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Northey comments on Iowa Crops and Weather Report

Iowa Secretary of Agriculture Bill Northey this week commented on the Iowa crop progress and condition report released by the USDA National Agricultural Statistical Service. The report is released weekly from April through October.

“The warm temperatures and needed precipitation last week helped both corn and bean crops. The crop remains in very good condition overall, with 75 percent of corn and 73 percent of beans in good to excellent condition,” Northey said.

The weekly report is also available on the Iowa Department of Agriculture and Land Stewardship’s website at www.IowaAgriculture.gov or on USDA’s site at www.nass.usda.gov/ia. The report summary follows here:

Crop Report

Much-needed precipitation limited fieldwork to 4.2 days suitable across Iowa during the week ending August 24, 2014, according to the USDA, National Agricultural Statistics Service. Above normal temperatures during the week aided crop development. Activities for the week included spraying for insects, baling hay, and hauling grain.

Topsoil moisture levels improved and rated 4 percent very short, 19 percent short, 73 percent adequate, and 4 percent surplus. Subsoil moisture levels rated 4 percent very short, 21 percent short, 73 percent adequate, and 2 percent surplus.

Eighty-eight percent of Iowa’s corn crop was in the dough stage or beyond, 17 days ahead of last year and 8 days ahead of the five-year average. Corn crop in the dent stage reached 33 percent, 25 percentage points above the previous year but 9 points below normal. Three-quarters of the corn acreage was reported in good to excellent condition. Ninety-four percent of the soybean crop was setting pods or beyond, 13 percentage points above last year and 1 point above average. With a few farmers reporting soybean leaves starting to turn color, 73 percent of the soybean acreage was in good to excellent condition. Oat harvest for grain was nearing completion, slightly behind the previous year and normal.

With the second cutting of alfalfa hay nearing completion, the third cutting of alfalfa hay was 46 percent complete, 11 percentage points below last year and 18 points below the five-year average. Sixty-four percent of all hay was rated in good to excellent condition. Pasture condition rated 56 percent good to excellent. Stress on livestock increased this week due to heat and flies.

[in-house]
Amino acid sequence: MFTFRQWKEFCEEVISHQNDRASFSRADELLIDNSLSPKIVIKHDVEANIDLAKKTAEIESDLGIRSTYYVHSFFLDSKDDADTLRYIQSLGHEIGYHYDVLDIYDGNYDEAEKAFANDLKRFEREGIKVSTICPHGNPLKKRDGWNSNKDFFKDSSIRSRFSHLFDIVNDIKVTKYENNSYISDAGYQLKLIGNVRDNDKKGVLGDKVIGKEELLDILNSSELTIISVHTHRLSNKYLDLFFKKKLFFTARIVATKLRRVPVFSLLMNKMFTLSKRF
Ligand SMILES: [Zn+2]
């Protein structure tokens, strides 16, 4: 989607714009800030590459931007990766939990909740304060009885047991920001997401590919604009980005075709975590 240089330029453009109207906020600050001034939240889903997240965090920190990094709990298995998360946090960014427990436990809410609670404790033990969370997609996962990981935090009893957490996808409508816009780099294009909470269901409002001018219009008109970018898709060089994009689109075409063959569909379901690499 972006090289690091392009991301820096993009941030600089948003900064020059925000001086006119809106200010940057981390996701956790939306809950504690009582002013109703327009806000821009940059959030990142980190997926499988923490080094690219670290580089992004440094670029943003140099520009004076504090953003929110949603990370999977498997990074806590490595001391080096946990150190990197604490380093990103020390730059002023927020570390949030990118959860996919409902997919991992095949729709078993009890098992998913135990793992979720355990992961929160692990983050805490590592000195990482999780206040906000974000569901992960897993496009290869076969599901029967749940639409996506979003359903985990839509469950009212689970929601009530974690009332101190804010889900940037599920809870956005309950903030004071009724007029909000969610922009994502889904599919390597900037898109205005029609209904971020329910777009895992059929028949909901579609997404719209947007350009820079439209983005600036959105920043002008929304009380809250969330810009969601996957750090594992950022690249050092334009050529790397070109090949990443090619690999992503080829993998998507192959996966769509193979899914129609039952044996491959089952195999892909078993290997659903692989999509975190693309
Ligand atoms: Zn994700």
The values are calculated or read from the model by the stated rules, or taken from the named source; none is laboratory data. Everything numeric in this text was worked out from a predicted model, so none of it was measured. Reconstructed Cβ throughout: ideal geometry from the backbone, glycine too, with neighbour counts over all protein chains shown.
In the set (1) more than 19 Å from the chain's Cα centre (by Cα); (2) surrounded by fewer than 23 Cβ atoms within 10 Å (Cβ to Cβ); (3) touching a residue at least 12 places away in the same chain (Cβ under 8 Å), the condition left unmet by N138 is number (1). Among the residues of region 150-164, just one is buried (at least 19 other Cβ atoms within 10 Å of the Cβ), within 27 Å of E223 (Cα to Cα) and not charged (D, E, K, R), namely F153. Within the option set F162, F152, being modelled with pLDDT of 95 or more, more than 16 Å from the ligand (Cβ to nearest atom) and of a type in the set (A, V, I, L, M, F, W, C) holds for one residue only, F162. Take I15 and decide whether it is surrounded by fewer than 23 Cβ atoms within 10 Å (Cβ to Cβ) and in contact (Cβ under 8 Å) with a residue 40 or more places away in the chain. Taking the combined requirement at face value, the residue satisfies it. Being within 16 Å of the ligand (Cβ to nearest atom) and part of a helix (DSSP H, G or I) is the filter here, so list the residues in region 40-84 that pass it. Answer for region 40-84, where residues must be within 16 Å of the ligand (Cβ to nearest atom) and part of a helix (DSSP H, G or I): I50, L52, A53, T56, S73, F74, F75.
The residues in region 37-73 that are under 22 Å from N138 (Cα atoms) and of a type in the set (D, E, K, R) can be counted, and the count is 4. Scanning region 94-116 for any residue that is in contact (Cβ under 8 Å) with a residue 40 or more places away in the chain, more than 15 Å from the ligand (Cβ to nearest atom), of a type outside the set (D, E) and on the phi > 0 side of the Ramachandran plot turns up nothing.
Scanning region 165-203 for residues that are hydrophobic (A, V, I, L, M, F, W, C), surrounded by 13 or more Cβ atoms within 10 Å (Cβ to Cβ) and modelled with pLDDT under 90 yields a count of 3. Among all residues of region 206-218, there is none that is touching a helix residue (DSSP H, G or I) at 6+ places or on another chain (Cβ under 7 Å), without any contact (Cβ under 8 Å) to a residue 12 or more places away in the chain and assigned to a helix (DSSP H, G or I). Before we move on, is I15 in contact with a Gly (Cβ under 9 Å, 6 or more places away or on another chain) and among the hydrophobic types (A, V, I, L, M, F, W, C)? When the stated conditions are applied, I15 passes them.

Iowa Preliminary Weather Summary

By Harry Hillaker, State Climatologist, Iowa Department of Agriculture & Land Stewardship

Heat, humidity and rainfall all returned in abundance to Iowa this past reporting week. Temperatures were above normal throughout the week with the exception of a brief cool-down over the northeast one-half of the state on Wednesday (20th). This was among the warmer weeks of the year with readings averaging from 1 to 2 degrees above normal over the far southeast to 6 degrees above normal over the northwest. The statewide average temperature was 4.0 degrees above normal. Temperature extremes varied from a Wednesday morning low of 56 degrees at Stanley (Buchanan Co.) to afternoon highs of 92 degrees at Sioux City on Thursday and Stanley on Friday. The week began dry on Sunday (17th). However, heavy rain fell over much of Worth and Mitchell counties early Monday (18th) morning with lighter rains over the northeast one-third of the state. On Tuesday (19th) rain was confined to extreme southeast Iowa. Wednesday brought rain over a large area from west central to southeast Iowa. Thursday (21st) saw rain fall over much of the northeast two-thirds of the state. Friday (22nd) brought scattered thunderstorms to the southern two-thirds of Iowa. Finally, Saturday (23rd) brought rain statewide with greatest amounts over south central Iowa. Weekly rain totals varied from 0.33 inches at Persia (Harrison Co.) and 0.35 inches at Blockton (Taylor Co.) to 7.00 inches at Greenfield and 5.97 inches at Saint Ansgar (Mitchell Co.). The statewide average rainfall was 1.85 inches or double the weekly normal of 0.93 inches. This was Iowa’s wettest week in seven weeks.

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